The (relative) complement of set A in B is in turn a subset of B and is colored blue here.

If and are sets and is a subset of , then the relative complement, also called set- theoretic complement or set- theoretic difference , is the set of precisely those elements which are not contained in. The formal definition of relative complement is
${\ displaystyle A}$${\ displaystyle B}$${\ displaystyle A}$${\ displaystyle B}$${\ displaystyle B}$${\ displaystyle A}$

${\ displaystyle B \ setminus A: = \ left \ {x \ in B \ mid x \ not \ in A \ right \}}$

and you say "B without A". The complement only differs from the normal subtraction of sets in that the subset relationship must exist between the sets under consideration. It is called relative because one can not specify the complement for a set without knowing the context. If, on the other hand, the set is fixed, then instead of “the relative complement of A in B” one can simply name “the complement of A”.
${\ displaystyle A}$${\ displaystyle B}$${\ displaystyle B \ setminus A}$

Examples

${\ displaystyle \ left \ {1,2,3 \ right \} \ setminus \ left \ {2,3 \ right \} = \ left \ {1 \ right \}}$

${\ displaystyle \ left \ {2,3,4 \ right \} \ setminus \ left \ {2,3 \ right \} = \ left \ {4 \ right \}}$

For (real numbers) and (rational numbers), is the set of irrational numbers.${\ displaystyle \ mathbb {R}}$${\ displaystyle \ mathbb {Q}}$${\ displaystyle \ mathbb {R} \ setminus \ mathbb {Q}}$

properties

Below are some properties of relative complements related to the set-theoretic operations union and intersection . Be , and sets, then the following identities hold:
${\ displaystyle A}$${\ displaystyle B}$${\ displaystyle C}$

${\ displaystyle C \ setminus \ left (A \ cap B \ right) = \ left (C \ setminus A \ right) \ cup \ left (C \ setminus B \ right)}$

${\ displaystyle C \ setminus \ left (A \ cup B \ right) = \ left (C \ setminus A \ right) \ cap \ left (C \ setminus B \ right)}$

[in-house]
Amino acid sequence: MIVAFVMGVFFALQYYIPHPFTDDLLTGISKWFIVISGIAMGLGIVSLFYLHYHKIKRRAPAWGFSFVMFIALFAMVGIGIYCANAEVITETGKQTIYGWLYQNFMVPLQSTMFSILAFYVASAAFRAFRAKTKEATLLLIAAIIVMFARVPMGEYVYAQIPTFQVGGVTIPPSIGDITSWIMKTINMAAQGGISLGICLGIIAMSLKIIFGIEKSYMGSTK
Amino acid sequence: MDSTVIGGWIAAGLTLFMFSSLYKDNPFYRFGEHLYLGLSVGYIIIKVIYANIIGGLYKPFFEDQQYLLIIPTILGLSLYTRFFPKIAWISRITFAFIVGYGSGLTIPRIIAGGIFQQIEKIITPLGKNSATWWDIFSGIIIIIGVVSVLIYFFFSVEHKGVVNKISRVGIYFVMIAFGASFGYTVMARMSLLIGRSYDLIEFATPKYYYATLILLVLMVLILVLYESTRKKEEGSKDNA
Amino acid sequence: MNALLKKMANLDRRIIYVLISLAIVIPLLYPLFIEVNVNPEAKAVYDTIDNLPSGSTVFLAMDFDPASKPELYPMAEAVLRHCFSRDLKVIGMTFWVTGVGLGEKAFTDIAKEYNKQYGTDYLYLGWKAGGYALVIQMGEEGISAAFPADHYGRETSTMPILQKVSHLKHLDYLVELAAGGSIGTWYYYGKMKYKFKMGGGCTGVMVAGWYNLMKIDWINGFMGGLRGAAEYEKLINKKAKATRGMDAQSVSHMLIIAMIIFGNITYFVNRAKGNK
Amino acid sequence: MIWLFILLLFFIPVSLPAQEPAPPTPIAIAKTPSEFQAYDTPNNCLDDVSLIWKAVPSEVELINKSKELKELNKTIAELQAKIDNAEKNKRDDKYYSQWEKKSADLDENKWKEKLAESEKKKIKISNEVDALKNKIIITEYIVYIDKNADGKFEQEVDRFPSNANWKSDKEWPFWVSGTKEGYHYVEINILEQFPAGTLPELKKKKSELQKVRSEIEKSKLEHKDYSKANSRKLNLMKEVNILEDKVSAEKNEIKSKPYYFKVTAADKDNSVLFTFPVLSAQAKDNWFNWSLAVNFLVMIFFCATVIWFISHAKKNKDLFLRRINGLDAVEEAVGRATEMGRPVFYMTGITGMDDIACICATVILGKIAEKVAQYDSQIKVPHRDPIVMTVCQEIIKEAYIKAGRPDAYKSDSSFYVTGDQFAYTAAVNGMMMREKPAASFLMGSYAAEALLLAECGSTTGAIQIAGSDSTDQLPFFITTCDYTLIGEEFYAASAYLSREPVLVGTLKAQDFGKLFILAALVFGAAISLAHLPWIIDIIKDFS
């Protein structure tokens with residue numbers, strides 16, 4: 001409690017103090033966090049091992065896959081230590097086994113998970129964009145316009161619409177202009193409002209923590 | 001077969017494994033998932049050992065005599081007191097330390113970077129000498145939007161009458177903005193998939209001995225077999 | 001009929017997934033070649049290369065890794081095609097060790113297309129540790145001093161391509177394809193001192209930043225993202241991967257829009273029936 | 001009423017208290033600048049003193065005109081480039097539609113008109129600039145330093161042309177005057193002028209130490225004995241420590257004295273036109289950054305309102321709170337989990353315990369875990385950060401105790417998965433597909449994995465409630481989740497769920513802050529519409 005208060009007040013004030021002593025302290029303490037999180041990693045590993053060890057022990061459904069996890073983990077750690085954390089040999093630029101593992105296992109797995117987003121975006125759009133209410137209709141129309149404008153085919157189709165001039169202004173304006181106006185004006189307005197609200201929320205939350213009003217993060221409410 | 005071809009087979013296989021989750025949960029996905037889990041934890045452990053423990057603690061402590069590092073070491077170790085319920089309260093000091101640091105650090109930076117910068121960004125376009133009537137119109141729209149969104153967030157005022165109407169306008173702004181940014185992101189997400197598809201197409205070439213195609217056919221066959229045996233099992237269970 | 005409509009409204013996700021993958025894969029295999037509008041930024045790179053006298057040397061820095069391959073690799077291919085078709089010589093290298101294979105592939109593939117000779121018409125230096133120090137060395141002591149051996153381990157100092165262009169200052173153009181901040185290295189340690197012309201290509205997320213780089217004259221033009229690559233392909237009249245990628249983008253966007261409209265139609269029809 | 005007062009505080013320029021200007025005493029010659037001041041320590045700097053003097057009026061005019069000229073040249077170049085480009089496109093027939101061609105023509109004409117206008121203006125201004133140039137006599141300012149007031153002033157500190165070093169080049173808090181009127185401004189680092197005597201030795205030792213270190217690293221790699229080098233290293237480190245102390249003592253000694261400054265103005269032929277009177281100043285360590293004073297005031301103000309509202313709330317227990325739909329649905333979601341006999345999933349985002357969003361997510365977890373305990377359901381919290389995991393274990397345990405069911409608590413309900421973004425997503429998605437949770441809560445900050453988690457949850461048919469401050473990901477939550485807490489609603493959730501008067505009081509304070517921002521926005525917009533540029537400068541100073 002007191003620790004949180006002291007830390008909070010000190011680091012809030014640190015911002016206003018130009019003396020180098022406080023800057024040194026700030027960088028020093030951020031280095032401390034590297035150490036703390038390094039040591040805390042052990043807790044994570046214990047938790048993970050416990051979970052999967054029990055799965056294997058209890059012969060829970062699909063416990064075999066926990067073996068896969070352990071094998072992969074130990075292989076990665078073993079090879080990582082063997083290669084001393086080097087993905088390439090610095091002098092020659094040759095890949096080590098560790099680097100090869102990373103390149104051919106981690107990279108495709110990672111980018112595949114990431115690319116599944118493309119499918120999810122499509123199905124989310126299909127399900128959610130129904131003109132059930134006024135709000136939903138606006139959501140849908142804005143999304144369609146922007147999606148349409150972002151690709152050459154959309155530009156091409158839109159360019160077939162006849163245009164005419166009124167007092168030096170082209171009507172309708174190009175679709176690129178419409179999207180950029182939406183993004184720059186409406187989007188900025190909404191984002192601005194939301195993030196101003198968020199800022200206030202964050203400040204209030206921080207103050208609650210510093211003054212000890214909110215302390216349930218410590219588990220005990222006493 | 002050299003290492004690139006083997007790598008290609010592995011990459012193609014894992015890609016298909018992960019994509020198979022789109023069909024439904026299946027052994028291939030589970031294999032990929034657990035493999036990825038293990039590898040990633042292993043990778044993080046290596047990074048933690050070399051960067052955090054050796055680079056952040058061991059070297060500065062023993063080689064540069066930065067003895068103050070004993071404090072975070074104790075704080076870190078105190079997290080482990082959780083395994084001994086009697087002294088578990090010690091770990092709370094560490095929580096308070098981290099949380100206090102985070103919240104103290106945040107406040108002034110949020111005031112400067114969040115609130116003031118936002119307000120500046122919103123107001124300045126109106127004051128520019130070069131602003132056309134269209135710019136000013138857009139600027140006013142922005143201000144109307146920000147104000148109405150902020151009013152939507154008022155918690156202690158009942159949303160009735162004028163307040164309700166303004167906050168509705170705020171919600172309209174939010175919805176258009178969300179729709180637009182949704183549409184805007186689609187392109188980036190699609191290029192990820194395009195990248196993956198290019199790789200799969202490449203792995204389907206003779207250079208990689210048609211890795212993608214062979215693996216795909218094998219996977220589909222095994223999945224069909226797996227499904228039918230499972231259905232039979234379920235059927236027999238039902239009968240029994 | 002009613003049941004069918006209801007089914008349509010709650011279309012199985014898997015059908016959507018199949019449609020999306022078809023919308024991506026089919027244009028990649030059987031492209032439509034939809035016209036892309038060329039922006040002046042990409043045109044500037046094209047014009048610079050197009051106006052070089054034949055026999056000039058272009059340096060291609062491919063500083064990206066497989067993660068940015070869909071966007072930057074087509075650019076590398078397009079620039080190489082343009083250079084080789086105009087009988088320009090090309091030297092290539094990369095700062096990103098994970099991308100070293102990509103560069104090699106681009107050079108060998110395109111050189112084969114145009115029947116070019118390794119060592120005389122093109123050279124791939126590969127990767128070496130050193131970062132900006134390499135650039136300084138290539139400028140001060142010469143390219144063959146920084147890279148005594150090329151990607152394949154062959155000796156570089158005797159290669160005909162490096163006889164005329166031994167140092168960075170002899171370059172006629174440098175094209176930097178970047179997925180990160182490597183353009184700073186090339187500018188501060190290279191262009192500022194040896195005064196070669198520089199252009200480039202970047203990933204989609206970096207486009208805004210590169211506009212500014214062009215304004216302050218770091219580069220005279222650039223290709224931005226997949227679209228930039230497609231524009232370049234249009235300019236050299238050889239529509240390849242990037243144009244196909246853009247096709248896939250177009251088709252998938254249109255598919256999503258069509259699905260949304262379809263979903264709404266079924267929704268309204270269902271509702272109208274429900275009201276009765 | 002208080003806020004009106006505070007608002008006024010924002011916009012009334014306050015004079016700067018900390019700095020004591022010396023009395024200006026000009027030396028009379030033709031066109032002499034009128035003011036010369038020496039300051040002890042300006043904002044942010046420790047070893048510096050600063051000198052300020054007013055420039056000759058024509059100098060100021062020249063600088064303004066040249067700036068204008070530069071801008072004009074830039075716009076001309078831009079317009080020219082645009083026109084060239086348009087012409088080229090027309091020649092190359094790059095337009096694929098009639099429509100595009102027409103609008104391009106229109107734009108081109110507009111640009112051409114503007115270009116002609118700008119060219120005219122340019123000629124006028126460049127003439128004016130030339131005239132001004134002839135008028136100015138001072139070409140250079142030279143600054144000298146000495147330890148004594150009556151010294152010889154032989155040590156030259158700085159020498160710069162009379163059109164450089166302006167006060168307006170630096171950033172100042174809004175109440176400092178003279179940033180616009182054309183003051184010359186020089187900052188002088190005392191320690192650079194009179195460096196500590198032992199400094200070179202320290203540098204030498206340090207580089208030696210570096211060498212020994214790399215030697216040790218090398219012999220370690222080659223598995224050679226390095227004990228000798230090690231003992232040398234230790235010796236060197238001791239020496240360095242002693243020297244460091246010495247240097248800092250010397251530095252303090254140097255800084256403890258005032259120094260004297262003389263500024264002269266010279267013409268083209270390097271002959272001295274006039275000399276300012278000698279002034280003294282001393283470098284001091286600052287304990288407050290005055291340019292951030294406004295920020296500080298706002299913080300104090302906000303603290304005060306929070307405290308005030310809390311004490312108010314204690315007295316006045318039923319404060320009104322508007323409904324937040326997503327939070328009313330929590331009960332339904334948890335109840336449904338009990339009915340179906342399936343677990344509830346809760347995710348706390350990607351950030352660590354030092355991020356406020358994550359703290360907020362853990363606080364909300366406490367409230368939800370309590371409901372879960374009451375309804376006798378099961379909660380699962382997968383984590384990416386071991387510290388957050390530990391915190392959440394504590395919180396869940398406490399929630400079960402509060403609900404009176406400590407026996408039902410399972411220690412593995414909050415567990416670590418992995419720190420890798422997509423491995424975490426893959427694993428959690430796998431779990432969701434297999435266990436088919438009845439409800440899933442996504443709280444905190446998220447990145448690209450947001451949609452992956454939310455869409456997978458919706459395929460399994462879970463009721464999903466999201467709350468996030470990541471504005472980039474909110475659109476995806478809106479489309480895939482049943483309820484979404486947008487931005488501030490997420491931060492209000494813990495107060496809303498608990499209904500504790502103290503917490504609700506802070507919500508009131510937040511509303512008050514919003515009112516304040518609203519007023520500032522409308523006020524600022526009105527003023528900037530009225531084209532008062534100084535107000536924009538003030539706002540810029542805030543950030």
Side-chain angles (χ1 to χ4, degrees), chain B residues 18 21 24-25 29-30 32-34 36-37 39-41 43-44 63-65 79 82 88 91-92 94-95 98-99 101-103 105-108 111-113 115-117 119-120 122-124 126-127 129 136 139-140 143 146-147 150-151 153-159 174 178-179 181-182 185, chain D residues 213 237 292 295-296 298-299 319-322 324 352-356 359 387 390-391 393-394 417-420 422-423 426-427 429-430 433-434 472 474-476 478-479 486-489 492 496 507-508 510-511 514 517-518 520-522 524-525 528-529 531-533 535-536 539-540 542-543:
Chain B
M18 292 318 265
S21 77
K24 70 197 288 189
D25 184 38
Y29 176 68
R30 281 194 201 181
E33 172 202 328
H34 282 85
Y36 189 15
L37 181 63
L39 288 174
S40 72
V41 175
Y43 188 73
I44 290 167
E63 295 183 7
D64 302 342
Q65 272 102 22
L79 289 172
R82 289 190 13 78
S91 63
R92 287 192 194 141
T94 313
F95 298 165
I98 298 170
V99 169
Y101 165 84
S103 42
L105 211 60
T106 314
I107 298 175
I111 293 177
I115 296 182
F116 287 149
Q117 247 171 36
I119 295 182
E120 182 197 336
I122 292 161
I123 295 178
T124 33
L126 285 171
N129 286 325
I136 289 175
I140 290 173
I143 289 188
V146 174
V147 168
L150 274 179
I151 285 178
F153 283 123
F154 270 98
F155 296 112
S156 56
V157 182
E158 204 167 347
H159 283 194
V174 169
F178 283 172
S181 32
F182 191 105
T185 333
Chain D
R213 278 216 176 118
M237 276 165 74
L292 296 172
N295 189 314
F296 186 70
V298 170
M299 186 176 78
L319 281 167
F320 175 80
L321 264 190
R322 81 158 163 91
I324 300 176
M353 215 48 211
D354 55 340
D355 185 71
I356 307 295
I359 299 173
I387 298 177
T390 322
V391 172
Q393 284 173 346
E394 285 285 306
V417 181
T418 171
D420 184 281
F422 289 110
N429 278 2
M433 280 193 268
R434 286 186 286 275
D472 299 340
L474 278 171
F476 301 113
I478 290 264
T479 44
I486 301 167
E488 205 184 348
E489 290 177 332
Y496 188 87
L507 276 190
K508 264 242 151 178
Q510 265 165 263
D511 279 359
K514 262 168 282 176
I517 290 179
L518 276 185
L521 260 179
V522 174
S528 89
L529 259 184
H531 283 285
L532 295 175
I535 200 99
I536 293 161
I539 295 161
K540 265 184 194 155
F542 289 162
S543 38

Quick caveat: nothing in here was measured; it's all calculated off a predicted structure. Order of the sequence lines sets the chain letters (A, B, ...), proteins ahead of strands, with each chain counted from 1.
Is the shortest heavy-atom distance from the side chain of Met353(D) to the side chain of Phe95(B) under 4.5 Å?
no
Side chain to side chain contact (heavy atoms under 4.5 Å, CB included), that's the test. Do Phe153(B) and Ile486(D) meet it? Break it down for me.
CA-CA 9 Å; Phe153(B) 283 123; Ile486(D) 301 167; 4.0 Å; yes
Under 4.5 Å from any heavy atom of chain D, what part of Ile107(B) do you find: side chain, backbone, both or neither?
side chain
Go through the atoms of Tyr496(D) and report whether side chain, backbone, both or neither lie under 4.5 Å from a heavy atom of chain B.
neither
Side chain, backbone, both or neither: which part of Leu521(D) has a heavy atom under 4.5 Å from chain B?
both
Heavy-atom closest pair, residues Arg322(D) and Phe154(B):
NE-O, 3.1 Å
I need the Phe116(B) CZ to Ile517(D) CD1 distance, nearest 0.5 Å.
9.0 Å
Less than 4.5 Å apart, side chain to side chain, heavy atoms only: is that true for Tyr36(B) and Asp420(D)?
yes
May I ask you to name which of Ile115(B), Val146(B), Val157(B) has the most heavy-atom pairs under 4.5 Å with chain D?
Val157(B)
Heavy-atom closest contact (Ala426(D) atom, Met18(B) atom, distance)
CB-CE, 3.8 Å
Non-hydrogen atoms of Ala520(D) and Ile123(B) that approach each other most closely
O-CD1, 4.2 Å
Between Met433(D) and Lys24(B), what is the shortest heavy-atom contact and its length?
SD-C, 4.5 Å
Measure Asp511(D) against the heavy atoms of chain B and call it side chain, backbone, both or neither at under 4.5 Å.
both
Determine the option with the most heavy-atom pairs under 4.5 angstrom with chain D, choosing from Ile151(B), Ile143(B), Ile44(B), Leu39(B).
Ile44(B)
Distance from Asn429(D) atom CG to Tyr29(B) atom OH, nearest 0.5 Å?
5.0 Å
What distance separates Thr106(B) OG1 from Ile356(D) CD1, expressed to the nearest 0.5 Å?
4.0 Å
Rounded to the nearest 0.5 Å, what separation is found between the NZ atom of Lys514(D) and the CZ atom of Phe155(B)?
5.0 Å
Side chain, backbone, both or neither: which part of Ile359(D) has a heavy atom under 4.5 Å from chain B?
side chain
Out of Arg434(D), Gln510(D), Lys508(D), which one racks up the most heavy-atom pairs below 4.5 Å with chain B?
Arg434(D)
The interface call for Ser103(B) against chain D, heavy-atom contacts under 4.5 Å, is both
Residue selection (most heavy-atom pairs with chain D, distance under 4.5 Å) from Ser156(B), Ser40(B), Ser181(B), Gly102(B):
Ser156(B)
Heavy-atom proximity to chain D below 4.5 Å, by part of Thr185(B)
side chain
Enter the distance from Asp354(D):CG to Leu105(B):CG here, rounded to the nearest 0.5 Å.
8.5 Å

${\ displaystyle C \ setminus \ left (B \ setminus A \ right) = (A \ cap C) \ cup (C \ setminus B)}$

${\ displaystyle \ left (B \ setminus A \ right) \ cap C = (B \ cap C) \ setminus A = B \ cap (C \ setminus A)}$

${\ displaystyle \ left (B \ setminus A \ right) \ cup C = (B \ cup C) \ setminus \ left (A \ setminus C \ right)}$

${\ displaystyle A \ setminus A = \ emptyset}$

${\ displaystyle A \ setminus \ emptyset = A}$

Absolute complement

definition

The complement of A in U

If a universe is defined, the relative complement of in is also called the absolute complement (or simply complement) of for every set and is noted as (sometimes also as , or also as , or if is fixed), so it is:
${\ displaystyle U}$${\ displaystyle A \ subseteq U}$${\ displaystyle A}$${\ displaystyle U}$${\ displaystyle A}$${\ displaystyle A ^ {\ rm {C}}}$${\ displaystyle A '}$${\ displaystyle {\ bar {A}}}$${\ displaystyle \ complement _ {U} A}$${\ displaystyle \ complement A}$${\ displaystyle U}$

${\ displaystyle A ^ {\ rm {C}} = U \ setminus A}$

example

For example, if the universe is the set of natural numbers, then the (absolute) complement of the set of even numbers is the set of odd numbers.

properties

Below are some properties of absolute complements related to the set-theoretic operations union and intersection . Be and subsets of the universe , then the following identities apply:
${\ displaystyle A}$${\ displaystyle B}$${\ displaystyle U}$

Relationships between relative and absolute complements:

${\ displaystyle A \ setminus B = A \ cap B ^ {\ rm {C}}}$

${\ displaystyle (A \ setminus B) ^ {\ rm {C}} = A ^ {\ rm {C}} \ cup B}$

The first two complementary laws show that if is a true nonempty subset of, then is a partition of .
${\ displaystyle A}$${\ displaystyle U}$${\ displaystyle \ {A, A ^ {\ rm {C}} \}}$${\ displaystyle U}$

Oliver Deiser: Introduction to set theory. Georg Cantor's set theory and its axiomatization by Ernst Zermelo. 2nd, improved and enlarged edition. Springer, Berlin et al. 2004, ISBN 3-540-20401-6 .